The International Air Transport Association says air travel will take four years for a full recovery as a second wave of pandemic looms large and consumer confidence tumbles, pushing its previous projection back by a year.
Short haul travel is expected to recover faster than long haul travel, the association said Tuesday, which means passenger numbers will return to normal levels before air traffic.
The prediction comes as global air traffic, measured in revenue passenger kilometers, fell 86.5 percent in June compared to the same time last year – a slight improvement on a 91 percent contraction in May.
IATA also outlined several trends in recent months for its more pessimistic recovery outlook including slow virus containment in the US and weak consumer confidence.
“There is little sign of virus containment in many important emerging economies, which in combination with the US, represent around 40 percent of global air travel markets,” the association said.
While the aviation industry worldwide has faced a serious blow, the Asia-Pacific region was somewhat less affected than other regions in June in terms of revenue passenger kilometers and available seat kilometers, which dropped 74.4 percent and 69.6 percent, respectively.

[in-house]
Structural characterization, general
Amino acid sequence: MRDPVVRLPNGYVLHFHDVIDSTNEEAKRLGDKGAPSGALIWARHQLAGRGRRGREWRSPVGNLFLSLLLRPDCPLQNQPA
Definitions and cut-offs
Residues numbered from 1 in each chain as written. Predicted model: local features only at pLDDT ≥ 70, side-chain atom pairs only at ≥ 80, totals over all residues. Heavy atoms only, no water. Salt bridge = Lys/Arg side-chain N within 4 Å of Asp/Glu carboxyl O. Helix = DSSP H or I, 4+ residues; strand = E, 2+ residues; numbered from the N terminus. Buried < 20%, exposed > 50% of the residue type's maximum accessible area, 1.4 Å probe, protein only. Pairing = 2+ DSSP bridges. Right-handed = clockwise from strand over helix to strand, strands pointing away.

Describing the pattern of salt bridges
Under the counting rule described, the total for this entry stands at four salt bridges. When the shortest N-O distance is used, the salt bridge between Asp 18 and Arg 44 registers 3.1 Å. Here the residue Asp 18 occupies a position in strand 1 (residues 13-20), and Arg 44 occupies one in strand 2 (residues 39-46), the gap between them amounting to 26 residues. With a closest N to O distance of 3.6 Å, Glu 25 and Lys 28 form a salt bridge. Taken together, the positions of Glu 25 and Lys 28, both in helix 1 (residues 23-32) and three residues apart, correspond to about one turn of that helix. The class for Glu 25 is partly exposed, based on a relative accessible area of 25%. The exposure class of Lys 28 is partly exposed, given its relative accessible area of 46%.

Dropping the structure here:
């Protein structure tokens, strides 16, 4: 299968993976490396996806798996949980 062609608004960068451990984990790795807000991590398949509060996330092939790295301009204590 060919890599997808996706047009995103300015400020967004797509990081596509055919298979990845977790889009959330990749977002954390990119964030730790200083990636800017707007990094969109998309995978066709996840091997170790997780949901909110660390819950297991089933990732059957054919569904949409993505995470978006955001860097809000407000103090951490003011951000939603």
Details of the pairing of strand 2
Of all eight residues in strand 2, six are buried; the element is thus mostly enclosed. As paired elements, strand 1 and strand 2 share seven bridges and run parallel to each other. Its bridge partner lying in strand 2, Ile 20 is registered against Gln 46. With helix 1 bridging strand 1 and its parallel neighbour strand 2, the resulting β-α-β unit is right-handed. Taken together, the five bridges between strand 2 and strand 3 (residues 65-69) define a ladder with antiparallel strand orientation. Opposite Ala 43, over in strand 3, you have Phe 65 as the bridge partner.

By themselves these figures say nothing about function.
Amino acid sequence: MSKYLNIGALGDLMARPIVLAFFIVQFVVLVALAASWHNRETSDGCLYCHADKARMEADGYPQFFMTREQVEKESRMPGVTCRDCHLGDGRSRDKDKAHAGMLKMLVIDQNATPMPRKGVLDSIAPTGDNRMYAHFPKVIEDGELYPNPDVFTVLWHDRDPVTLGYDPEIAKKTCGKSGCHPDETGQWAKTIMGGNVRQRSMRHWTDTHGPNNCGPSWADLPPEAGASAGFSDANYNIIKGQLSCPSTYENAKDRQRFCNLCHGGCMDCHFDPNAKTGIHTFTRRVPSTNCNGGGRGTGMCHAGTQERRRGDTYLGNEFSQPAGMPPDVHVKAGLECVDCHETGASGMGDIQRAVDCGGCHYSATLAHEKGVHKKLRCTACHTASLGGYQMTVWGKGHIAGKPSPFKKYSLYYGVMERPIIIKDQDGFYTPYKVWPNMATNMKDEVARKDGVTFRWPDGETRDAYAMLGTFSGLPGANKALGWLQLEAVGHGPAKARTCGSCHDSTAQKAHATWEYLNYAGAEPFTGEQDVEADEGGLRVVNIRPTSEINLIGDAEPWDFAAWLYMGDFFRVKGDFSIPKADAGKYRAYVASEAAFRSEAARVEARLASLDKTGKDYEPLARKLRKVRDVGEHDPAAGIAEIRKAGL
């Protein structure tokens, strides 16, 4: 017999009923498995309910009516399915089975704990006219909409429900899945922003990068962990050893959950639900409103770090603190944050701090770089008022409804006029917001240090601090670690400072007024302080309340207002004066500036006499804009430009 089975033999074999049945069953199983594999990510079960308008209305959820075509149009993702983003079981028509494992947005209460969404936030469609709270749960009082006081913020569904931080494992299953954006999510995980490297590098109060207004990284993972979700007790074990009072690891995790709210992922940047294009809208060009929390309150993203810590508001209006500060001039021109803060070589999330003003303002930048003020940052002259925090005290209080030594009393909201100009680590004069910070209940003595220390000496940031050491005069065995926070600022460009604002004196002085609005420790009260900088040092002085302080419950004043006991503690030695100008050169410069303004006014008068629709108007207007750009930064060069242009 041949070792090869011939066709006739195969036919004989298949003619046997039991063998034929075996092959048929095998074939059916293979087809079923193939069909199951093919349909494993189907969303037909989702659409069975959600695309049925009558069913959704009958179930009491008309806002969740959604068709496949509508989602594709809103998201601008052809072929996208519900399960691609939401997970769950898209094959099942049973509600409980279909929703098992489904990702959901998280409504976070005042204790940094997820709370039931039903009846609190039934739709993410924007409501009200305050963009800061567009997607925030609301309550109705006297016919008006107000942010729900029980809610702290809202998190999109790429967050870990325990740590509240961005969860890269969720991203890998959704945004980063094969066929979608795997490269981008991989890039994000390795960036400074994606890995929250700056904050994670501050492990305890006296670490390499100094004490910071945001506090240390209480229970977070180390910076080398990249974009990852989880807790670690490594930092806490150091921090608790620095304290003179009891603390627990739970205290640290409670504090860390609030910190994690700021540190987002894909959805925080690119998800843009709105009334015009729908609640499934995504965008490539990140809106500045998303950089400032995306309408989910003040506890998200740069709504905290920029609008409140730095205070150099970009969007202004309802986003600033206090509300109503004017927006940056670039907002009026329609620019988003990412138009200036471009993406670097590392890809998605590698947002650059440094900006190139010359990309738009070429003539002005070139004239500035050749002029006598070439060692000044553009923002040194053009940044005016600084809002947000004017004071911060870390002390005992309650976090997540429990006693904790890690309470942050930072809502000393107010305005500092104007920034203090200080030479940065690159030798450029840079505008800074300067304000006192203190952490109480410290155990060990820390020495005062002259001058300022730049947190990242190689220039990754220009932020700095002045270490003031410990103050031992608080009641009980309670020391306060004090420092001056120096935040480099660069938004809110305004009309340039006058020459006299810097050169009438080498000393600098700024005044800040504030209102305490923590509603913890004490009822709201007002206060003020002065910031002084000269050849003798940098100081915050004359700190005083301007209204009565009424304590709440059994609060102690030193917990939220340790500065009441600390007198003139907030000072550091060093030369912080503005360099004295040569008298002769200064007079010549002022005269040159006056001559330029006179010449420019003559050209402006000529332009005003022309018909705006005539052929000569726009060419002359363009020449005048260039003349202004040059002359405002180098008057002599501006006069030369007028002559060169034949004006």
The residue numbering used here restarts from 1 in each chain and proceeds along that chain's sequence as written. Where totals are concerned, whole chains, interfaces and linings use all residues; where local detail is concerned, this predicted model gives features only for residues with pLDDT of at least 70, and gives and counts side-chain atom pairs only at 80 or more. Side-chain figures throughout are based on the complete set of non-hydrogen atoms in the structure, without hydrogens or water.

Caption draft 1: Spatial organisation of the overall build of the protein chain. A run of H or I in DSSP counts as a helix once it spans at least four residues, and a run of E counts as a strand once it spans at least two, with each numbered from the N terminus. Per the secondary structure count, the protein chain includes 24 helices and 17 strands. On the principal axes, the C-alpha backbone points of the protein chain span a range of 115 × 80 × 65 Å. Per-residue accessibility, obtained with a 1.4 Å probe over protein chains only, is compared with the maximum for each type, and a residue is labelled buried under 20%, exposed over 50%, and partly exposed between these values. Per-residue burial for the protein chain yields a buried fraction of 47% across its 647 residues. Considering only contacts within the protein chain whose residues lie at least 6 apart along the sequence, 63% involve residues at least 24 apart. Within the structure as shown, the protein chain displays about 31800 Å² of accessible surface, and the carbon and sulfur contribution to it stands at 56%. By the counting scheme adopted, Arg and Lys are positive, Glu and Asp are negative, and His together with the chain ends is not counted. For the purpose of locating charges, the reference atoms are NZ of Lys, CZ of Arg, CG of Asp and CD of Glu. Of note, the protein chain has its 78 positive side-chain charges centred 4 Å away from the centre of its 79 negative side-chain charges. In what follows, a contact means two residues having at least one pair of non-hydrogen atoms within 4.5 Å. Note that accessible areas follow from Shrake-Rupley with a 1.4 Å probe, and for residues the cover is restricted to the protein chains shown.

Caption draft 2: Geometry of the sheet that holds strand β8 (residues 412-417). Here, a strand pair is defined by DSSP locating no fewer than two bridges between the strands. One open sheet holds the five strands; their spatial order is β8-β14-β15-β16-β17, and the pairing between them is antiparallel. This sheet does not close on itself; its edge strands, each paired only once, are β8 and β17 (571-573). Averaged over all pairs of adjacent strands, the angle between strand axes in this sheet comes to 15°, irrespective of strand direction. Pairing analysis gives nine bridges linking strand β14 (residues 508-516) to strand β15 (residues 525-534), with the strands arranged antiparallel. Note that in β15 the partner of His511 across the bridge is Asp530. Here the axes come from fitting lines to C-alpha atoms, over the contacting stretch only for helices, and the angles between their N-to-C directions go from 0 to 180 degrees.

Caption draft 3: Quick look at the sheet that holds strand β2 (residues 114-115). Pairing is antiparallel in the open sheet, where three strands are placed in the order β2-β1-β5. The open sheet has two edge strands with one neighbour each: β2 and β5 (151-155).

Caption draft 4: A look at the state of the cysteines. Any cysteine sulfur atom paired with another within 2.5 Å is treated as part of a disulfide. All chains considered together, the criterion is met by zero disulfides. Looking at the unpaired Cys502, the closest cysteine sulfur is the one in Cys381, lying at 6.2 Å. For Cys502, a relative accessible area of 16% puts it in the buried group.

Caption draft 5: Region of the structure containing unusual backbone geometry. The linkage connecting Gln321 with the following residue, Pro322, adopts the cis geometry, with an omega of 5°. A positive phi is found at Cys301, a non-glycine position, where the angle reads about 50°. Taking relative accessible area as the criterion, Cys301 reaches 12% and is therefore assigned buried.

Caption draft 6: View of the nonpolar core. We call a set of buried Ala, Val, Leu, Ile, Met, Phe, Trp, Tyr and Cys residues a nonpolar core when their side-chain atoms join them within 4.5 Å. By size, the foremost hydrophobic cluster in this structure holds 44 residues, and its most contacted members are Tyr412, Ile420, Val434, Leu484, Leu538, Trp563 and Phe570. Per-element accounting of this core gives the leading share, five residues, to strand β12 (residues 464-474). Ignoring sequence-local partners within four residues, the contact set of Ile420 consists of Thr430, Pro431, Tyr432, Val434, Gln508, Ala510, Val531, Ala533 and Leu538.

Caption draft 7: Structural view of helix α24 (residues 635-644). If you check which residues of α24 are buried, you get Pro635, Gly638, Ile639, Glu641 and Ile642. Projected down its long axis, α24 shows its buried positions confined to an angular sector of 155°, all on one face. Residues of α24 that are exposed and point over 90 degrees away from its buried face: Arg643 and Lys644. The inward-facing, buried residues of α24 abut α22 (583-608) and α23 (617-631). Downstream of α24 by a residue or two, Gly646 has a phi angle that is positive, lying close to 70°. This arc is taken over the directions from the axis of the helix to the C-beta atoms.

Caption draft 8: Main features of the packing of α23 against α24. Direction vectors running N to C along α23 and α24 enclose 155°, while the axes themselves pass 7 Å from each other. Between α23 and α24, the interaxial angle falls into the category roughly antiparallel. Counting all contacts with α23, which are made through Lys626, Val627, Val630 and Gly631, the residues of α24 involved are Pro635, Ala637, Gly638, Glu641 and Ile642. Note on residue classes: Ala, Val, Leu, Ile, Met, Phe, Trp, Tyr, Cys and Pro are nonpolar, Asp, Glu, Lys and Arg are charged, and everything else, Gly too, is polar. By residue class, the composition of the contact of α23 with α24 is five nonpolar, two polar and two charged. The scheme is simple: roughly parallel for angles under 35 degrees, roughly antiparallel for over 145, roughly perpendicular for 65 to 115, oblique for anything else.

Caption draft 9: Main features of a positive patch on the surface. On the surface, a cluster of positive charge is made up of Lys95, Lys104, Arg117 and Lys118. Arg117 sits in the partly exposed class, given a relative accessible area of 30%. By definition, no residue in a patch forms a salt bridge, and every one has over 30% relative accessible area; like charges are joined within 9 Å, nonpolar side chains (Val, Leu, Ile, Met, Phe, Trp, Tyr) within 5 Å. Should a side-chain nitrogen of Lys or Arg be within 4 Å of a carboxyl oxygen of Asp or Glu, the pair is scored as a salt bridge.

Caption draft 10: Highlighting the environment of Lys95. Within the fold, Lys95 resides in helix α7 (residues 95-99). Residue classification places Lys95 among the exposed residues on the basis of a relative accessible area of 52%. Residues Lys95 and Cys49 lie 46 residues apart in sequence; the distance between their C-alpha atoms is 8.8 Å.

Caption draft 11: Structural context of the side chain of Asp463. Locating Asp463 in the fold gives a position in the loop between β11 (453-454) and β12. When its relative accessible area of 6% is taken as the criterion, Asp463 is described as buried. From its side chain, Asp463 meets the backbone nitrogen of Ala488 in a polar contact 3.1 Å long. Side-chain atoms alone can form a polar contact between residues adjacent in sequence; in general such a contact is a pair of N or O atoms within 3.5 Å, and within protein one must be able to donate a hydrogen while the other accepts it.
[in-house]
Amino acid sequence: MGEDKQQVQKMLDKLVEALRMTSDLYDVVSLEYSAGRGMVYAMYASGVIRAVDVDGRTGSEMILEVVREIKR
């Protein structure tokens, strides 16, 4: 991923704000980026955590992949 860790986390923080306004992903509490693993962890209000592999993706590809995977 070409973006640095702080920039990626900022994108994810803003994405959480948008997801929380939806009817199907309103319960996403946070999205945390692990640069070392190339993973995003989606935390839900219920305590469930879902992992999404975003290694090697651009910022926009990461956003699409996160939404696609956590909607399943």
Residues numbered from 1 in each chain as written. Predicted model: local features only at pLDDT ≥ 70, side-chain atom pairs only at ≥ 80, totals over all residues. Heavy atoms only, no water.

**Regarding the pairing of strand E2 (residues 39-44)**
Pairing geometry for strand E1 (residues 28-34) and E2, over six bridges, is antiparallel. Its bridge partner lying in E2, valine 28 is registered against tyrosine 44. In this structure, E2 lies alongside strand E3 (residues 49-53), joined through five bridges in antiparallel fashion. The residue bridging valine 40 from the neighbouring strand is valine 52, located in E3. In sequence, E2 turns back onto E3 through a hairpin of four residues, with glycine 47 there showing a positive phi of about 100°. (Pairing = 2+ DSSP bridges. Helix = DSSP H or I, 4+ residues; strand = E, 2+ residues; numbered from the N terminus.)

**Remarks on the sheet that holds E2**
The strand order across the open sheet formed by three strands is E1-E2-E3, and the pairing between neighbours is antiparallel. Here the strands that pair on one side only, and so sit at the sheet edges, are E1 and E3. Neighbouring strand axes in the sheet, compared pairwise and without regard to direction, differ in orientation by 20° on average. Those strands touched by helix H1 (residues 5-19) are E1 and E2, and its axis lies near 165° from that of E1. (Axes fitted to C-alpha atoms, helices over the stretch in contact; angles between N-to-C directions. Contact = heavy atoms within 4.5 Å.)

In June, South Korea’s aviation industry saw the number of international flight passengers plummet by 97.6 percent, from over 7.7 million to just 183,000 travelers.
Domestic travel suffered a 23.6 percent drop in passenger numbers during the same month.
On Wednesday, Incheon International Airport said it was expecting “serious difficulties” following a drastic drop in air travel demand amid the pandemic. Increasing airport service fees and putting staff on leave are being mulled as ways to cut spending, the airport added.
Yim Hyun-su (firstname.lastname@example.org